# May someone perform a quick check of this proof involving disjunctions?

1. Jan 6, 2012

### Syrus

1. The problem statement, all variables and given/known data

*below, the notation P() denotes the power set of the set within parentheses.

Prove that for any sets A and B, if P(A) U P(B) = P(A U B) then either A ⊆ B or B ⊆ A.

2. Relevant equations

3. The attempt at a solution

Let A and B be arbitrary. Assume P(A) U P(B) = P(A U B). Note that A U B ⊆ A U B (trivial lemma omitted). This means A U B ∈ P(A U B). By our original assumption, then, A U B ∈ P(A) U P(B). So either A U B ∈ P(A) or A U B ∈ P(B).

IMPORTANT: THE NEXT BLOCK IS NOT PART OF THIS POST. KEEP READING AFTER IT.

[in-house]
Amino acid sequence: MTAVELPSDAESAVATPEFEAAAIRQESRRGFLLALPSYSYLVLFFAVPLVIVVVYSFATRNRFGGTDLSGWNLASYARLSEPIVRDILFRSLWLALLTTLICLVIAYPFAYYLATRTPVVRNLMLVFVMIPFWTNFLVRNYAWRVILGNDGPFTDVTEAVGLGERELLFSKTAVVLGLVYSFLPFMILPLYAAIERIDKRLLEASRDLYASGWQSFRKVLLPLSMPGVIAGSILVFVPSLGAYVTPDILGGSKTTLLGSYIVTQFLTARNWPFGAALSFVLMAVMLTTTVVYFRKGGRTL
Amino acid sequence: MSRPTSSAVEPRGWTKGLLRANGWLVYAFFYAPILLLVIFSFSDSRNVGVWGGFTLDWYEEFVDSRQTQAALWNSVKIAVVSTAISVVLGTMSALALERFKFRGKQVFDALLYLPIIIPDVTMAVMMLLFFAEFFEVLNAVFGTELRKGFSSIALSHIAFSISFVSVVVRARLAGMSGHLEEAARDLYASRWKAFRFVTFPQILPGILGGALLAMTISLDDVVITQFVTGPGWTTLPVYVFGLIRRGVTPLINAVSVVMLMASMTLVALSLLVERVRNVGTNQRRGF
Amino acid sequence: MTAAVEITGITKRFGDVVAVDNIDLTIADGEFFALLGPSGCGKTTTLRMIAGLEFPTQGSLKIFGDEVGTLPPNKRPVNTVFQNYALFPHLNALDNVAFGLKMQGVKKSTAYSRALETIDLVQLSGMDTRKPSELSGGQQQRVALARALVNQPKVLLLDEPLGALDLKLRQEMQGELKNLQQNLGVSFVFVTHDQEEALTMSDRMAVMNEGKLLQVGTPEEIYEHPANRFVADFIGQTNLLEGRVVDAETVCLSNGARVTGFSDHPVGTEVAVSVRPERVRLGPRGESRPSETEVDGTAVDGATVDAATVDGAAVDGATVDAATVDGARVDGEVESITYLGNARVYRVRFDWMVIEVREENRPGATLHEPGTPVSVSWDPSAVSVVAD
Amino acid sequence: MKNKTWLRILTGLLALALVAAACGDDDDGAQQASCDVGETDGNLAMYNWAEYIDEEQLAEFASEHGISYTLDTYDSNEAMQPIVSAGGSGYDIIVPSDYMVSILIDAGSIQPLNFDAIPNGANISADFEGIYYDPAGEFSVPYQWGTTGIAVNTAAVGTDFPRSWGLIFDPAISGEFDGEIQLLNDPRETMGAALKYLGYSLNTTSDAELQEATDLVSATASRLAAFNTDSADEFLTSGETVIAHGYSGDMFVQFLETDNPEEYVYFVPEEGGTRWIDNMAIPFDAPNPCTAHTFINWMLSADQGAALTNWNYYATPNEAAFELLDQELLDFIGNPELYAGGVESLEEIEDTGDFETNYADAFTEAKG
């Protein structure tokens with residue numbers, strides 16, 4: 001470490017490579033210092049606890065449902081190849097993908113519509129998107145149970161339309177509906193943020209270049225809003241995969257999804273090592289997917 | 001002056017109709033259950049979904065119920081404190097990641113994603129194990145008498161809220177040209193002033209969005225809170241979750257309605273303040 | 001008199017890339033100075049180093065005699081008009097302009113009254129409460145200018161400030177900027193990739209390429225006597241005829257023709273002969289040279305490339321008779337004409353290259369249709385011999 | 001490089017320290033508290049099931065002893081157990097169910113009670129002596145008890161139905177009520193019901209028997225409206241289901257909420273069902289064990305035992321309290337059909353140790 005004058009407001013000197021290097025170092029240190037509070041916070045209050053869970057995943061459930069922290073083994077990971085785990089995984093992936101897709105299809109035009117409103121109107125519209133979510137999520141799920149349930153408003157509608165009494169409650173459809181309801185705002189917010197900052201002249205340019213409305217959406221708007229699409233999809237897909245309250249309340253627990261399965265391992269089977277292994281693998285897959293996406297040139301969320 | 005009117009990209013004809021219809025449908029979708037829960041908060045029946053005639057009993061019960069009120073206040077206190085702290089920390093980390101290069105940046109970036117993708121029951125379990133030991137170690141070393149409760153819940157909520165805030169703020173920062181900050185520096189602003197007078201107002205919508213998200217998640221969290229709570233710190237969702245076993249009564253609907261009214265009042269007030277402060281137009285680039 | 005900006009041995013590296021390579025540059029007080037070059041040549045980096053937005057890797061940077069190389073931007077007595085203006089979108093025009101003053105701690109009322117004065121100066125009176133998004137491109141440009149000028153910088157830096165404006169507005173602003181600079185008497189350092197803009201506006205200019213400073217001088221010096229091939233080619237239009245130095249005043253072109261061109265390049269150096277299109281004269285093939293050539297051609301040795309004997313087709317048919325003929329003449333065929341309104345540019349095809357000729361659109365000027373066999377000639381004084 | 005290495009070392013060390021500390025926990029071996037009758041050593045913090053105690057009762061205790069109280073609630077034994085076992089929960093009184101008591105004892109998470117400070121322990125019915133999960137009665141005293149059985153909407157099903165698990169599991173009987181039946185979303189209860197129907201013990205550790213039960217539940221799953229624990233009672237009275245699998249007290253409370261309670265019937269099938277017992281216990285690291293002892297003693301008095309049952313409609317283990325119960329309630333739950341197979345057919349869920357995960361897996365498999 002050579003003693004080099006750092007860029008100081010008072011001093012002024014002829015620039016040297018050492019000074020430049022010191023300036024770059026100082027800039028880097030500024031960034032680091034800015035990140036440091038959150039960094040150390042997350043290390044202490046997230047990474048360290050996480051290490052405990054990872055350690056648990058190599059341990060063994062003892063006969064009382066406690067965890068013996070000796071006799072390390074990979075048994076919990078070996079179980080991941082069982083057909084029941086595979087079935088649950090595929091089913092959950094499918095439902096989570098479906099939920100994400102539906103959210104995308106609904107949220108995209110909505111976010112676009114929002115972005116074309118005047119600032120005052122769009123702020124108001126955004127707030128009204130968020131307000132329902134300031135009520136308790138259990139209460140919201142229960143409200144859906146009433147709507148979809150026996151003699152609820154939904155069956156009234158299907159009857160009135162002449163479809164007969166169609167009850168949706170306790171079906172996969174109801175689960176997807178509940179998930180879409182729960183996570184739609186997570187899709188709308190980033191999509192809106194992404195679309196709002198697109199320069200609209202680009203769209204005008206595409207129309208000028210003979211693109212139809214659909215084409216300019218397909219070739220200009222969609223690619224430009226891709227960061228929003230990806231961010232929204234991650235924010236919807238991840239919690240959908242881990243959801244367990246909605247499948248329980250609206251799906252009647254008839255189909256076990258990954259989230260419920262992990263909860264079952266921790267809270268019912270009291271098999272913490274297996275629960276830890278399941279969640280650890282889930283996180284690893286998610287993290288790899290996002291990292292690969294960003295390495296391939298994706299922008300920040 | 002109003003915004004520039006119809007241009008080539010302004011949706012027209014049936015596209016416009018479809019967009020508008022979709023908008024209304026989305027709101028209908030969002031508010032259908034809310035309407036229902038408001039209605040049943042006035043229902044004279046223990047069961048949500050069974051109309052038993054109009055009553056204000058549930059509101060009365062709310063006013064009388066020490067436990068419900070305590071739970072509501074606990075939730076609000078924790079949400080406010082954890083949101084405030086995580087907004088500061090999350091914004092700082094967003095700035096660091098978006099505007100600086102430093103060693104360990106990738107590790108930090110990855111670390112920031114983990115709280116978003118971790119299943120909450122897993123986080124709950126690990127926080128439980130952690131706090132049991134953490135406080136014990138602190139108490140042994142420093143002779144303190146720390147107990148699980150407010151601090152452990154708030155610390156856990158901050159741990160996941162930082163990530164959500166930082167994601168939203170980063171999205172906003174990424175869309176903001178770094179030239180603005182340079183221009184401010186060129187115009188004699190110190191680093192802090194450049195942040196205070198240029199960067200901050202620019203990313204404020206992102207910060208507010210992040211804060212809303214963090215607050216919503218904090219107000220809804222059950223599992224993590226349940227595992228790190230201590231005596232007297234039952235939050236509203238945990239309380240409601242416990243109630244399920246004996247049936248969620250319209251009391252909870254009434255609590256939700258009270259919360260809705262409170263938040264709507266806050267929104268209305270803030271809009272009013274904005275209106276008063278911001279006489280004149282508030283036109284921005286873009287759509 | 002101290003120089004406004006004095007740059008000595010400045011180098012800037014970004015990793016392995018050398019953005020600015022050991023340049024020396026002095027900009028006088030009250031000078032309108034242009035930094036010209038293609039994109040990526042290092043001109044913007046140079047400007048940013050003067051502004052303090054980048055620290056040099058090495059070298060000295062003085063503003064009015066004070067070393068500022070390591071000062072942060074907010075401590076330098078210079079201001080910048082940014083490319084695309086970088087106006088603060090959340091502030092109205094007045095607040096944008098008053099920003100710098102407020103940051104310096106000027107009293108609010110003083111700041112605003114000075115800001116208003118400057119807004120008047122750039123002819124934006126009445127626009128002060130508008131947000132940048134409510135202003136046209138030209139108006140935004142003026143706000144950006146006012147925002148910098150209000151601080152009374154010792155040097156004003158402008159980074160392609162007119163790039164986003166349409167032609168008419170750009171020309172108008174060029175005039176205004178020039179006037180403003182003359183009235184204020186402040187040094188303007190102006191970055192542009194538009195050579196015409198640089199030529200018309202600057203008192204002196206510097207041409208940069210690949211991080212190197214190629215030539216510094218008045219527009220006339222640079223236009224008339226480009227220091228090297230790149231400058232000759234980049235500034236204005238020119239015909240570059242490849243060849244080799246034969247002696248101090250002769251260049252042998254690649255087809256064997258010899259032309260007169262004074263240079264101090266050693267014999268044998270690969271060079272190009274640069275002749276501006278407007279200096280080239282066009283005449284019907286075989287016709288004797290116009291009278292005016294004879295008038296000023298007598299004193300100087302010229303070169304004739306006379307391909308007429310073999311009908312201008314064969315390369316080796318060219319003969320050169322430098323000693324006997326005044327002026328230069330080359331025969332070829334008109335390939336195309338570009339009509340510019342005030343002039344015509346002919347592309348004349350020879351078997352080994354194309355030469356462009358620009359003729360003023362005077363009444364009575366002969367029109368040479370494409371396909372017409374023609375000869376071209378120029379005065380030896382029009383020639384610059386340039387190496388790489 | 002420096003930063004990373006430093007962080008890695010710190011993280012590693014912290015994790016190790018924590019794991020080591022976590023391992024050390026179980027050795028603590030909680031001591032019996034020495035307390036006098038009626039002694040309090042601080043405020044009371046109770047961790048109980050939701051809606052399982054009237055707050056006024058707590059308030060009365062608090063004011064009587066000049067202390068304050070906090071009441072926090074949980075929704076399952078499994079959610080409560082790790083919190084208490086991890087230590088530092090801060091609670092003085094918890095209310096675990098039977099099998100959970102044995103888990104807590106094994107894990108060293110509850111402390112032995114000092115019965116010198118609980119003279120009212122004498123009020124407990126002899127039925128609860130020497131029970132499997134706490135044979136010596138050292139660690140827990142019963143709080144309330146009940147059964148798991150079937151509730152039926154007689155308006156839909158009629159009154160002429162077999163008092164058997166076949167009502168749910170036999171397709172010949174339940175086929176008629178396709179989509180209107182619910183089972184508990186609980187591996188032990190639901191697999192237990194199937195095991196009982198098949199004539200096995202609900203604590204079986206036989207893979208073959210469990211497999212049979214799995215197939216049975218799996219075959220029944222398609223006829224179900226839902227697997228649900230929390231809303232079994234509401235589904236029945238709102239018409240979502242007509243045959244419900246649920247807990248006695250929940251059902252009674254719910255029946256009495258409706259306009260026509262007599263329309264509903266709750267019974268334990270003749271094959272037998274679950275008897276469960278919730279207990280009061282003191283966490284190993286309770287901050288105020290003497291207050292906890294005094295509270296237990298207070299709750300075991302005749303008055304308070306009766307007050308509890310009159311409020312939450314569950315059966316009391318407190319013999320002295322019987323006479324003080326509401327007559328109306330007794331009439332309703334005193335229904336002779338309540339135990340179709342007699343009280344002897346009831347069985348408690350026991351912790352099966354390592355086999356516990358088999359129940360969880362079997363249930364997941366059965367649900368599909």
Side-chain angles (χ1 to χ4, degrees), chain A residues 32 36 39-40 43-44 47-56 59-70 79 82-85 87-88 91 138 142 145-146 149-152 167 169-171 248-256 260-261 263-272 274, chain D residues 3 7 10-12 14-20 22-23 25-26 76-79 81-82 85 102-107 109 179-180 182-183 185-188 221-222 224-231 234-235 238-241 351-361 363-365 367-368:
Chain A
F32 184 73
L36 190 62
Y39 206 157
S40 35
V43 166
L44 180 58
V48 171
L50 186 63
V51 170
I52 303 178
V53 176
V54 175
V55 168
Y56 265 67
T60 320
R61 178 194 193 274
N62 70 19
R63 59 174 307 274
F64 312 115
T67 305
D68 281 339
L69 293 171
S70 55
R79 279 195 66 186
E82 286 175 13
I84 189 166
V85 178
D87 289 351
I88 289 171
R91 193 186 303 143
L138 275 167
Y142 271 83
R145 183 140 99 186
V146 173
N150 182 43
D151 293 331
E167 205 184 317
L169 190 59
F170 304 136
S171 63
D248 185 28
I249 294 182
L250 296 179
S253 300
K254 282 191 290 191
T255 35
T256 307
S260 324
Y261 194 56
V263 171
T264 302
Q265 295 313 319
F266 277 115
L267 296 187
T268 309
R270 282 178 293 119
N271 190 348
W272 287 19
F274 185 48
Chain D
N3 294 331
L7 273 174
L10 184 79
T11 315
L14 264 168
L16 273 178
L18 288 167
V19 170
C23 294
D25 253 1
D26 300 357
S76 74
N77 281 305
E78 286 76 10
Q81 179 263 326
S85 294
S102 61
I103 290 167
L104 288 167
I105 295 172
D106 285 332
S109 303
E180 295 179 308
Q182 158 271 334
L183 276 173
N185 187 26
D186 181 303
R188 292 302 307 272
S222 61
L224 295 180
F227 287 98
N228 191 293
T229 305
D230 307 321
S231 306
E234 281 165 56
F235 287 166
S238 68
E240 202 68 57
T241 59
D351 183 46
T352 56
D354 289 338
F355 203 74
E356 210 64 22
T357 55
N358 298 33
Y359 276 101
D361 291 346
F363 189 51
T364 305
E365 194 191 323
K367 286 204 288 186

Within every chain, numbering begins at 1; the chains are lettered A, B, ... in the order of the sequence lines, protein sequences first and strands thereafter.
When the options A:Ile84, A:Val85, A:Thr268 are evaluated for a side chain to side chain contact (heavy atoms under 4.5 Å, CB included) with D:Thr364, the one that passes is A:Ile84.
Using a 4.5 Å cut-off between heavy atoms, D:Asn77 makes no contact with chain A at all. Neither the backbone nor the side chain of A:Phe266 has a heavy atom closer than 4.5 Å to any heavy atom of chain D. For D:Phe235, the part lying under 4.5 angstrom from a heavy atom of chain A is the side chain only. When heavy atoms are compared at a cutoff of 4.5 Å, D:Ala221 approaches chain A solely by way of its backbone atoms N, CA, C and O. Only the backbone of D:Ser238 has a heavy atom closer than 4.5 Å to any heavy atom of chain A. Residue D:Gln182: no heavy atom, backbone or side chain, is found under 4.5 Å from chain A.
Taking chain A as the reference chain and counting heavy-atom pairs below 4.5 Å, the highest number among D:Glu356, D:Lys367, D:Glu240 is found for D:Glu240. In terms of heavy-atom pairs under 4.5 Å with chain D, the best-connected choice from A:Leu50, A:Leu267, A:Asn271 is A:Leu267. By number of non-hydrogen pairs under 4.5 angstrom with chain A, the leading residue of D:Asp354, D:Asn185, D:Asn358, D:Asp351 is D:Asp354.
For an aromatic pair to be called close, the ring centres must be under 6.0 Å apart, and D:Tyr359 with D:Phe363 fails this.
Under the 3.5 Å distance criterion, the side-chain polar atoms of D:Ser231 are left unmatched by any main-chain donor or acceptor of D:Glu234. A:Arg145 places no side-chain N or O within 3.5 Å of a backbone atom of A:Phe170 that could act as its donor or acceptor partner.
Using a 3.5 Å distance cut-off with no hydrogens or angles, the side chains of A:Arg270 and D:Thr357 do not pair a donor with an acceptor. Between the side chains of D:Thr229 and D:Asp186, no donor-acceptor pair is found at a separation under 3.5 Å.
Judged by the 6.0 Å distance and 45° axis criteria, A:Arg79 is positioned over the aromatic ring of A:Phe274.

Case I. A U B ∈ P(A). Then A U B ⊆ A. Now let x ∈ B. It clearly follows that x ∈ A or x ∈ B. Hence, x ∈ A U B. But since A U B ⊆ A, x ∈ A. As x was arbitrary, B ⊆ A. Obviously, this implies that either A ⊆ B or B ⊆ A.
Case II. A U B ∈ P(B). Then A U B ⊆ B. Now let x ∈ A. The proof of this case is analogous to that in Case I.
Since these cases are exhaustive and each result in A ⊆ B or B ⊆ A, if P(A) U P(B) = P(A U B) then either A ⊆ B or B ⊆ A. Lastly, since A and B were arbitrary, then we have shown for any sets A and B, if P(A) U P(B) = P(A U B) then either A ⊆ B or B ⊆ A.

2. Jan 6, 2012

### Dick

Looks fine to me.